Me: “How do you see yourself representing the Queer community as an out and proud ambassador? What’s your vision for that moving forward?
Shannon: “Every single thing I have in my life right now was not something anyone told me was possible when I was a young girl growing up in a small town in Texas. Poverty and a need for change brought me to the military, desire and self-perseverance took me to Seattle to get my degree, and the chance to prove that a queer woman could make it in this industry brought me to NASA, Brooke Owens Fellowship, countless scholarships and private space companies. I wish I knew when I was a kid that hope existed for people like me, maybe I could have made a few less mistakes and done everything a lot sooner, but I’m here now. Being that representation of hope for the queer community, for those who want to achieve their dreams and create change, is my mission with being the first openly queer astronaut in space. We are everywhere, but are so easily cast to the side as ‘confused’ or ‘pretending’ when all we want to be is ourselves. People need to be able to do that wherever they go in life, I just happen to want to do that in space. With years of experience in aerospace, a military career, and a hard work ethic, I will be the best candidate for this role. I have hope. Have hope for yourself, and what you’re capable of.”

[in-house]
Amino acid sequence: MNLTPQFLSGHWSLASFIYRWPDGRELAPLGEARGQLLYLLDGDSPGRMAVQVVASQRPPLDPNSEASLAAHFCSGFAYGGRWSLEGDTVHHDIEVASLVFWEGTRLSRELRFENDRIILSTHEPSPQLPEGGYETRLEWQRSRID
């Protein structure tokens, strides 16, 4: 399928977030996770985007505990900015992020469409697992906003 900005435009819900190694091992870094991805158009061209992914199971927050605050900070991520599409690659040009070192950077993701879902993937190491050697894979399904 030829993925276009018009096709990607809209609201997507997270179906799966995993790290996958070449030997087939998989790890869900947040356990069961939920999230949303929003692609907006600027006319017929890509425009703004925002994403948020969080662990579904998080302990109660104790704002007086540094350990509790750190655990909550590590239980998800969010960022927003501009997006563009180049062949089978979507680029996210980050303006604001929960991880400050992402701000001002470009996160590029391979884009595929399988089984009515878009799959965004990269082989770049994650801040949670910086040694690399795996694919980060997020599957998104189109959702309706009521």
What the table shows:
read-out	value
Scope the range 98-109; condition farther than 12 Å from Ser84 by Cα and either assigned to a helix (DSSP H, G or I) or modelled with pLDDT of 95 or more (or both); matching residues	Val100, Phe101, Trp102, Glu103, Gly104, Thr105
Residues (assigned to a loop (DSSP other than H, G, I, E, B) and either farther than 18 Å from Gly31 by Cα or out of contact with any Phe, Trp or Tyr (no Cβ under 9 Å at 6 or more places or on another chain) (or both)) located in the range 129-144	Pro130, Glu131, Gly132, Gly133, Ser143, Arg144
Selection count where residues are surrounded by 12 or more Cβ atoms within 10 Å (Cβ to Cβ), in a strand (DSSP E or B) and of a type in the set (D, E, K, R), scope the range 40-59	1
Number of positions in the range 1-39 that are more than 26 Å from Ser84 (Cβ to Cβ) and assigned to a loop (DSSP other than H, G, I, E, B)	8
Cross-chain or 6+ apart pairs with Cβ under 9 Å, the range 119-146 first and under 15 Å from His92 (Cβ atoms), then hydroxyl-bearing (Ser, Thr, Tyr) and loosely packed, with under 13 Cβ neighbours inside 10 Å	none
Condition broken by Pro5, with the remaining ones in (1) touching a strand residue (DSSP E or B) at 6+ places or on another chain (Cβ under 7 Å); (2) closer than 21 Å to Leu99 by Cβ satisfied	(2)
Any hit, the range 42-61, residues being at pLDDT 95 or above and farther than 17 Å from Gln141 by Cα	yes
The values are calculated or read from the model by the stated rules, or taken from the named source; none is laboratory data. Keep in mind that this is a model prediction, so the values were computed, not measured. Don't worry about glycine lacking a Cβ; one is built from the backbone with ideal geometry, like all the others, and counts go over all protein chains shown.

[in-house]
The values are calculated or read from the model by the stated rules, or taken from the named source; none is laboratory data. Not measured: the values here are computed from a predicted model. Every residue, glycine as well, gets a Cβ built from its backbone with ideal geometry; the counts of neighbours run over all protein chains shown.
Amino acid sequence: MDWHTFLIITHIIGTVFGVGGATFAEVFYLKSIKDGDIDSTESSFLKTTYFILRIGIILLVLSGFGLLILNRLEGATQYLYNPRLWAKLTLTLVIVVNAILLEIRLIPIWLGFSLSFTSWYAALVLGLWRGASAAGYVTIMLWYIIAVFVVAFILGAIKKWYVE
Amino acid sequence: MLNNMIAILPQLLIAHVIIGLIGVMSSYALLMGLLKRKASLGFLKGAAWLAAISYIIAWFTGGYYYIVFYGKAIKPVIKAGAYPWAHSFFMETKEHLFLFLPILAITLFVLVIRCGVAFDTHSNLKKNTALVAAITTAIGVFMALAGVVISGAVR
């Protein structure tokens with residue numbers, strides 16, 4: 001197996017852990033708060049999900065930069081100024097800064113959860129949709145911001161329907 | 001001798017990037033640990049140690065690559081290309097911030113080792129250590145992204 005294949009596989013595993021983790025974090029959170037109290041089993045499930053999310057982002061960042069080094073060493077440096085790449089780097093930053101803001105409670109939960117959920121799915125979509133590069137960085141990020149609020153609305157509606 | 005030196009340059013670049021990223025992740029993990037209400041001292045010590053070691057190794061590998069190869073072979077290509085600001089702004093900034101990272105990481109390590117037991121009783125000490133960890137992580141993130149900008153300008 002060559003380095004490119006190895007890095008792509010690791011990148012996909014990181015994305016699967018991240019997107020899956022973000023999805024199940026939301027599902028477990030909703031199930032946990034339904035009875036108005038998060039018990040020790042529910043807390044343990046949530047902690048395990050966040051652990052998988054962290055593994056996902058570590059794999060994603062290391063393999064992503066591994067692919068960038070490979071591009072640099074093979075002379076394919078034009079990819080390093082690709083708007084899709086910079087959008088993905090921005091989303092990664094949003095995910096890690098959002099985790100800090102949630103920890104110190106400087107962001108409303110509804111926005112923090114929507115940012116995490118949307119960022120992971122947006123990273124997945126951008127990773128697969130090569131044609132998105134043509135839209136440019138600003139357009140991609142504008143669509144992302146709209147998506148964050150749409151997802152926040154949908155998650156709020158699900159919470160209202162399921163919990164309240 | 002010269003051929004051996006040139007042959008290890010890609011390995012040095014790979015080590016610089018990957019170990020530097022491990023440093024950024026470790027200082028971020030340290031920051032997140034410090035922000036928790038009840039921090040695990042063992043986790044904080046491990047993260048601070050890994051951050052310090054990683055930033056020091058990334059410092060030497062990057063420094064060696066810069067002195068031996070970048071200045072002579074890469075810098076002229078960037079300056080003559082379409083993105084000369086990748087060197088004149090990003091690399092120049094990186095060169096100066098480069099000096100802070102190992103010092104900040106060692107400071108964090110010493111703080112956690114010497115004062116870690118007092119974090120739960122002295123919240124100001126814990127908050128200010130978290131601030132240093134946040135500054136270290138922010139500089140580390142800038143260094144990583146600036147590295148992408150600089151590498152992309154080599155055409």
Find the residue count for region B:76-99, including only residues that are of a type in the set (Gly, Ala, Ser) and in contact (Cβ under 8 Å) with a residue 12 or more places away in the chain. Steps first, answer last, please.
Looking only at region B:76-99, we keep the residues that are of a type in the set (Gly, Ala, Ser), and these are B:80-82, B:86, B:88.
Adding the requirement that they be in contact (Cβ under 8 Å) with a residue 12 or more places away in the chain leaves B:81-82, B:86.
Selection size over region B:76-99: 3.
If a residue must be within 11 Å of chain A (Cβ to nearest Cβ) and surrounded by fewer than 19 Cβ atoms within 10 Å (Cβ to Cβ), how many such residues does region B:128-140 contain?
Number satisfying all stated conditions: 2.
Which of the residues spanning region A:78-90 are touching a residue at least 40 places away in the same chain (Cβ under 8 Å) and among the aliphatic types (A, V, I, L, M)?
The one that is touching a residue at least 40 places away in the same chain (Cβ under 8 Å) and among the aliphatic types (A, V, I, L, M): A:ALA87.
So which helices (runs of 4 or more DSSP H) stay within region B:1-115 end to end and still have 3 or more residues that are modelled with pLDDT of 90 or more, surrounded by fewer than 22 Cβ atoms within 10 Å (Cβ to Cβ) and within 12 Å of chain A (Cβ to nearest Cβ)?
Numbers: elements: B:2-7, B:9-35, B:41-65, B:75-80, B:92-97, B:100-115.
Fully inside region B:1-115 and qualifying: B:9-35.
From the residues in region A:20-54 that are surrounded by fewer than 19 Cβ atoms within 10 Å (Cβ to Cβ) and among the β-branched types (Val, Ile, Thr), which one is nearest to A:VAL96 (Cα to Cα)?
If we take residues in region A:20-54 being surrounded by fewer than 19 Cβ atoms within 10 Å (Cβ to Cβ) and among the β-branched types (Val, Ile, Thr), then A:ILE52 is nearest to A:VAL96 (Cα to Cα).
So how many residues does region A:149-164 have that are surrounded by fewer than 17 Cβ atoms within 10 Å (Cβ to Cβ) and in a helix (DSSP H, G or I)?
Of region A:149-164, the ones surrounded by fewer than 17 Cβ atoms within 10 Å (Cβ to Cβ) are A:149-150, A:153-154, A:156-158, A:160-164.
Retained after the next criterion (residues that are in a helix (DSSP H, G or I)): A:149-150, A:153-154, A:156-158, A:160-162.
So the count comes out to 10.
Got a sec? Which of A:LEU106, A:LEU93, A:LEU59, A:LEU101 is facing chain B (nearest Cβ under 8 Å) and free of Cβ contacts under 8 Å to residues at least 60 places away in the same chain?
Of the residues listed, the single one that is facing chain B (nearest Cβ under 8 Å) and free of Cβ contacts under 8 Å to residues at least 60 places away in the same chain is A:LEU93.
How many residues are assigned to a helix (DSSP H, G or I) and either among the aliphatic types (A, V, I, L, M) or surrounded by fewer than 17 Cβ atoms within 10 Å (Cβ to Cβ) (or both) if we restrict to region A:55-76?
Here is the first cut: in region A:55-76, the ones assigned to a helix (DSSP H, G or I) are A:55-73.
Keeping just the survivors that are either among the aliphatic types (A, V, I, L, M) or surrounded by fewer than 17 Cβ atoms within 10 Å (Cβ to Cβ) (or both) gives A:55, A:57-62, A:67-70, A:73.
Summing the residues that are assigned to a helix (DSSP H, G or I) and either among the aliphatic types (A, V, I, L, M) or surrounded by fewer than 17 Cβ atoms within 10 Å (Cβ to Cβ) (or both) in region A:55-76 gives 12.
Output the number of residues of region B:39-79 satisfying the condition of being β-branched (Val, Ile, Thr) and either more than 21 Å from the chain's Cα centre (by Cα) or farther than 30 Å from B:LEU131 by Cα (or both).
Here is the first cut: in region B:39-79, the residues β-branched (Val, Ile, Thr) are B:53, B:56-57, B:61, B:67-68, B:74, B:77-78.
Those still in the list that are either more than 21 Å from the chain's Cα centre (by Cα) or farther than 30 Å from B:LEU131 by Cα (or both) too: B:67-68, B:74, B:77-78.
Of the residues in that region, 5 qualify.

Me: “If you could change one thing about the aerospace industry, what would it be?”
Shannon: “I wake up looking forward to a day I am not the only woman on a team, that you can’t walk down the hall without seeing someone that looks like you, to where being a minority is the norm in STEM. I’m here working for a purpose, and if more minorities knew they were capable of getting past their mental and physical roadblocks, they would. This process is not exclusive to aerospace, as I have also worked in the Seattle tech industry. Diversity in people brings diversity in thought, and as an industry they can only flourish with more than just one line of thinking.”
One of the first things that struck my about Shannon was her pluck and tenacity. You can tell she is a strong woman who knows her own mind and is not afraid to speak it, and she says that has not always been the case. She has learned through experience that “no one can hear you if you don’t speak up”, and this has become part of her professional mantra. This proud and outspoken voice has also been beneficial in Shannon’s community service and outreach work. Shannon has done lots of volunteer work with Girls Who Code, Women Impact Tech and The Home Project, just to name a few. Shannon has won numerous scholarships for her work, both professionally and in the community, including the coveted GSBA scholarship for Queer-identified and Queer-allied student excellence. Shannon is an all-around force of nature, and Seattle Central is so proud of her for all of her hard work!